Today I'll be interrupting the usual programming to write a little something about phobias, specifically targeted at people that don't have any. It's probably going to come across a little killjoy and lecture-y but stick with me, it's an important topic worth understanding.
I have a phobia of spiders. I've read very little of the academic work around phobias. I am speaking almost entirely from my own experience, the experience of people I have met and spoken with, and some light Googling around the topic.
› So... spiders?
Yup. I can deal with small ones on my own, where small is no larger than a British two pence piece. Any larger than that and I will do everything within my power to put distance between me and it, then I will seek assistance in removing it from the building I am in. If assistance is not readily available I will stare fixedly at it until assistance arrives. If assistance does not arrive, or am I with other people who also have a phobia of spiders, I will attempt to kill the spider with projectiles. I am not proud of this, but I cannot bring myself to be near them. I'm sorry.
On a couple of occasions I have been outwitted by the spider and been unable to find it after missing with a projectile. I can't bring myself to settle down if this does happen, and sleep is simply not possible.
I honestly have no idea. Searching through my memory, I cannot recall a single time in which I have touched a spider, or one has been on me or bitten me or anything. I am aware (and frequently reminded) that the vast majority of spiders in the UK are completely harmless, and fewer still have the ability to kill an adult human. This knowledge does nothing to assuage my fear.
› Phobias: how do they work?
When I see a spider, or even something that looks a bit like a spider, I completely tense up. I have to stare at it. Looking away isn't possible. My chest constricts, my heart-rate suddenly increases and often I'll make some involuntary movement, from a general spasm to leaping away from where I believe the spider to be. It's quite embarrassing, especially if somebody witnesses it.
I can liken how I react to how most people would react if, completely unbeknownst to them, someone came up behind them with an air-horn and blew it right next to their ear. You know that feeling where your chest basically implodes and you fall of your chair? Seeing a spider is a lot like that.
I was visiting family in Bristol a few weeks ago. We were drinking tea, eating cakes and being about as British as it's possible to be without being Stephen Fry. I was telling a story when all of a sudden I notice a rather large spider (leg-span of about the palm of my hand) crawl out from behind a chair. I stopped mid-sentence, stood up, and left the room repeatedly saying: "Nope, nope, nope, nope, nope..." I didn't re-enter the room until I had to walk through it to leave.
Phobias aren't like normal fears. I know that I'm not in danger. The spider crawling out from behind the chair doesn't care about me. I'm even logically convinced that, as people say, it's more afraid of me than I am of it. That doesn't help, though. It doesn't change how I'm going to react to it.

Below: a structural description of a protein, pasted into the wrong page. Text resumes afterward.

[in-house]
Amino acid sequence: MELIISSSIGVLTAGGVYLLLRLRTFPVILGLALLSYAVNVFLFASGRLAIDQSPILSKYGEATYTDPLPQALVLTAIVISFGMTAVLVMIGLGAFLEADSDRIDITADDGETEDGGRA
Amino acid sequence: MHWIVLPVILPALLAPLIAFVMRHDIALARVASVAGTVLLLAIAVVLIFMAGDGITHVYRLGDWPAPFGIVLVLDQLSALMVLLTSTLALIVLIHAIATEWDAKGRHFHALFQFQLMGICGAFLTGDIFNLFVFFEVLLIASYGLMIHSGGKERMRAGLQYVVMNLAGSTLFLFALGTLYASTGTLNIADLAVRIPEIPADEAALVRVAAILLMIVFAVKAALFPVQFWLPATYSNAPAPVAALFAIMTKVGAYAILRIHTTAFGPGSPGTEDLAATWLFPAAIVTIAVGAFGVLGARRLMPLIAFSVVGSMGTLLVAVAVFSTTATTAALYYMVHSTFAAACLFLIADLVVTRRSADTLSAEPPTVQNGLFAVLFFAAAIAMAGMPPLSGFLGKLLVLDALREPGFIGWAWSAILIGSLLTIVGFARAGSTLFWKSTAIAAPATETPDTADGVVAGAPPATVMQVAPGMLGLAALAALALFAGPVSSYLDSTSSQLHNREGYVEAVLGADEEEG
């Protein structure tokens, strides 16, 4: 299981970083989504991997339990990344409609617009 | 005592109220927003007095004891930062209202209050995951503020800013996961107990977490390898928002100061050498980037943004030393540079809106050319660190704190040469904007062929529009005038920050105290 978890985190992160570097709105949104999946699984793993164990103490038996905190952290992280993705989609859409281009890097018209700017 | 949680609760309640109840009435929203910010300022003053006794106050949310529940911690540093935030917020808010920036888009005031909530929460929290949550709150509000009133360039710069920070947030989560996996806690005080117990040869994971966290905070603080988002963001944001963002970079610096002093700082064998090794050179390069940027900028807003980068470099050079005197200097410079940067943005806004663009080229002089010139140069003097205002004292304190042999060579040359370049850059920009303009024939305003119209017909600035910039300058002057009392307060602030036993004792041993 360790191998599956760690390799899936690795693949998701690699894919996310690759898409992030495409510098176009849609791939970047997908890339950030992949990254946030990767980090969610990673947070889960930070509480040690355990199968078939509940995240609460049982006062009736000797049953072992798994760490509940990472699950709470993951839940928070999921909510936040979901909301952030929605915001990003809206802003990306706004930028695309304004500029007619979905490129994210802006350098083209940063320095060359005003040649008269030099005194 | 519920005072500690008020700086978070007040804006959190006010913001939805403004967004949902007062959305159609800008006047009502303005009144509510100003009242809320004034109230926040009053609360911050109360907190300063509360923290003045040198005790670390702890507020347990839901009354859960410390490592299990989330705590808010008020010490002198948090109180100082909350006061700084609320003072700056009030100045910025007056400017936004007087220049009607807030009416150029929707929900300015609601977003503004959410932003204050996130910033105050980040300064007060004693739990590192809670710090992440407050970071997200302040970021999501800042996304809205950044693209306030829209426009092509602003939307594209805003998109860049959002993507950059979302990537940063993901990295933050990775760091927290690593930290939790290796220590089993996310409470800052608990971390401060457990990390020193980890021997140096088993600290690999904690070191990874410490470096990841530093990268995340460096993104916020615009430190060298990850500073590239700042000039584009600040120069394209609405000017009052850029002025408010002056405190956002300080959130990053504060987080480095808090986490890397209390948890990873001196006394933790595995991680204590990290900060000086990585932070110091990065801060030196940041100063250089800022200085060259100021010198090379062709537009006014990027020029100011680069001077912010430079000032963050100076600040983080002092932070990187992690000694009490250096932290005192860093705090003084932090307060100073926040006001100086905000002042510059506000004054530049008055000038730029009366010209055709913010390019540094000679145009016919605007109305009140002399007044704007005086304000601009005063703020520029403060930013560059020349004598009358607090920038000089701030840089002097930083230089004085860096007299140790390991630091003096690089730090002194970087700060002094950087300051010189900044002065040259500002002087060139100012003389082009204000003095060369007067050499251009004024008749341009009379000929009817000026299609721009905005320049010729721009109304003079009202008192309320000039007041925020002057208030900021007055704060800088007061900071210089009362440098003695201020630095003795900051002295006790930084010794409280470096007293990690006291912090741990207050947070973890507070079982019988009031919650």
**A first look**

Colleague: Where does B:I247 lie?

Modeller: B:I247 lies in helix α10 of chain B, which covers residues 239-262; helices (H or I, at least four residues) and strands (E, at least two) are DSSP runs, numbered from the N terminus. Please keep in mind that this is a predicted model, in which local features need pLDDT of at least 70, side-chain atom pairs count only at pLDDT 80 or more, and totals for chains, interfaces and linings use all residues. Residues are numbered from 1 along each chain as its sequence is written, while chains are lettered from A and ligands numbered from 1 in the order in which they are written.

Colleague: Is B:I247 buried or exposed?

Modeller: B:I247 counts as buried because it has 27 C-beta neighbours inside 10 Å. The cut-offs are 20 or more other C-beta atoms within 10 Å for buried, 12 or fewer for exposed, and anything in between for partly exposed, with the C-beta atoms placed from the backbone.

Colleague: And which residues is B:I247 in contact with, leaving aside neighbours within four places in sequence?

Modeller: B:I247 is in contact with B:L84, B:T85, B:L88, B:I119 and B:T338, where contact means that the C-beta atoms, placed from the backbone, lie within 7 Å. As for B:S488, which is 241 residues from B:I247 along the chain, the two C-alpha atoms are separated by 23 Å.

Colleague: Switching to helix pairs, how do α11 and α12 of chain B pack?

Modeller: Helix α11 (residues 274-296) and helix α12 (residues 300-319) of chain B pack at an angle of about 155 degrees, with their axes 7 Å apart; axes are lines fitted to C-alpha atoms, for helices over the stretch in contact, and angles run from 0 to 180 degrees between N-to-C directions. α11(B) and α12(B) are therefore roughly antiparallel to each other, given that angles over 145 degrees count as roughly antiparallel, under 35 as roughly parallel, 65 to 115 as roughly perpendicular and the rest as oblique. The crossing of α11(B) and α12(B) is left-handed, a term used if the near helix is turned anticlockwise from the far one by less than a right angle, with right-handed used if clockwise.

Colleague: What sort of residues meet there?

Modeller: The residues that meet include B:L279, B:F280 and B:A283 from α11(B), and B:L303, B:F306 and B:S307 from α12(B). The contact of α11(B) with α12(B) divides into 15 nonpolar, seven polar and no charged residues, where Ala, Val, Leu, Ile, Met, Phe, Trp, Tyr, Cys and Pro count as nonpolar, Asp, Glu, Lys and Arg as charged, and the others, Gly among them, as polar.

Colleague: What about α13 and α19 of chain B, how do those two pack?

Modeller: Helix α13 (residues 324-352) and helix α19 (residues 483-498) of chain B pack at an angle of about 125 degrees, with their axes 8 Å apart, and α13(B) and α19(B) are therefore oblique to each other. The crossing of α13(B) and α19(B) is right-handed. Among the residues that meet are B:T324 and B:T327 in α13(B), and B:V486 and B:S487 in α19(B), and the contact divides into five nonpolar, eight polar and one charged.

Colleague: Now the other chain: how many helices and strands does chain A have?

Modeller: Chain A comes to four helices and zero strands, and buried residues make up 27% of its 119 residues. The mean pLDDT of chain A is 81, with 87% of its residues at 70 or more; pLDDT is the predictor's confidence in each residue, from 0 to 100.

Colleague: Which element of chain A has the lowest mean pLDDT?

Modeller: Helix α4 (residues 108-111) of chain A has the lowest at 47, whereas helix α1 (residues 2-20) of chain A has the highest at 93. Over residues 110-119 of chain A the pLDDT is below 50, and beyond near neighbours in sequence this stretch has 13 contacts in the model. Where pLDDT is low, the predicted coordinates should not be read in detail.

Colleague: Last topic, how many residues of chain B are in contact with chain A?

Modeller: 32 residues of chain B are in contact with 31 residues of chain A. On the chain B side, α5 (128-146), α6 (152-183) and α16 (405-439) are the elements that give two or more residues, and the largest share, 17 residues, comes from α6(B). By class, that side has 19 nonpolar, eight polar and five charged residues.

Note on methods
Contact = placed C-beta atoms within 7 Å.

› Bro, can't you just like... Face your fear?
No please. I'll pass. I don't see how that would help or why I would want to do it or why you would even suggest it. I hate to lecture but this really is the worst thing to suggest to someone who has a phobia. Maybe it's different for really debilitating phobias, ones that you can't escape, but for arachnophobia it's just a terrible suggestion.
› Lol okay but... *throws spider at you*
No. If you've ever done this, really, you're not funny at all. Sorry to be a killjoy. I'm sure you derive endless enjoyment from taking advantage of other peoples' vulnerabilities, but it's totally not cool. You wouldn't lock a claustrophobic person in a cage, you wouldn't dangle someone with a fear of heights off a tall building.
I fundamentally do not control how I'll react to having a spider thrown at me. My first reaction will most likely to be to get away from the spider, but very shortly after I've done that I will probably seek to attack you. I won't even have a choice in the matter, that's just what will happen. If you get pissy about that, well, maybe you shouldn't have thrown a fucking spider at me.
› But they help catch flies in your house!
I don't care.
› A lil' list of dos and don'ts
With that out of the way, if you know someone with arachnophobia or any other phobia, please, I urge you to keep the following things in mind:
- Do take their phobia seriously.
- Do whatever you can to remove whatever triggers their phobia.
- Do make sure that the person is okay. Some people react incredibly strongly to phobic situations and it can leave them very shaken.
- Don't assume that just because the thing that triggers the phobia can no longer be seen that the phobic reaction will subside. In my case, it usually just gets worse.
- Don't directly or indirectly suggest that their phobia is a form of weakness. Things I hear on a regular basis: "Don't be such a pussy", "you're being a girl", "don't be a big girl's blouse", "it's just a spider" and so on.
- Don't make fun of people with phobias. In the process of removing a spider, it's not fun to pretend to throw it, pretend to drop it, or otherwise bring it anywhere close to me.
Lots of phobic people will appreciate it :)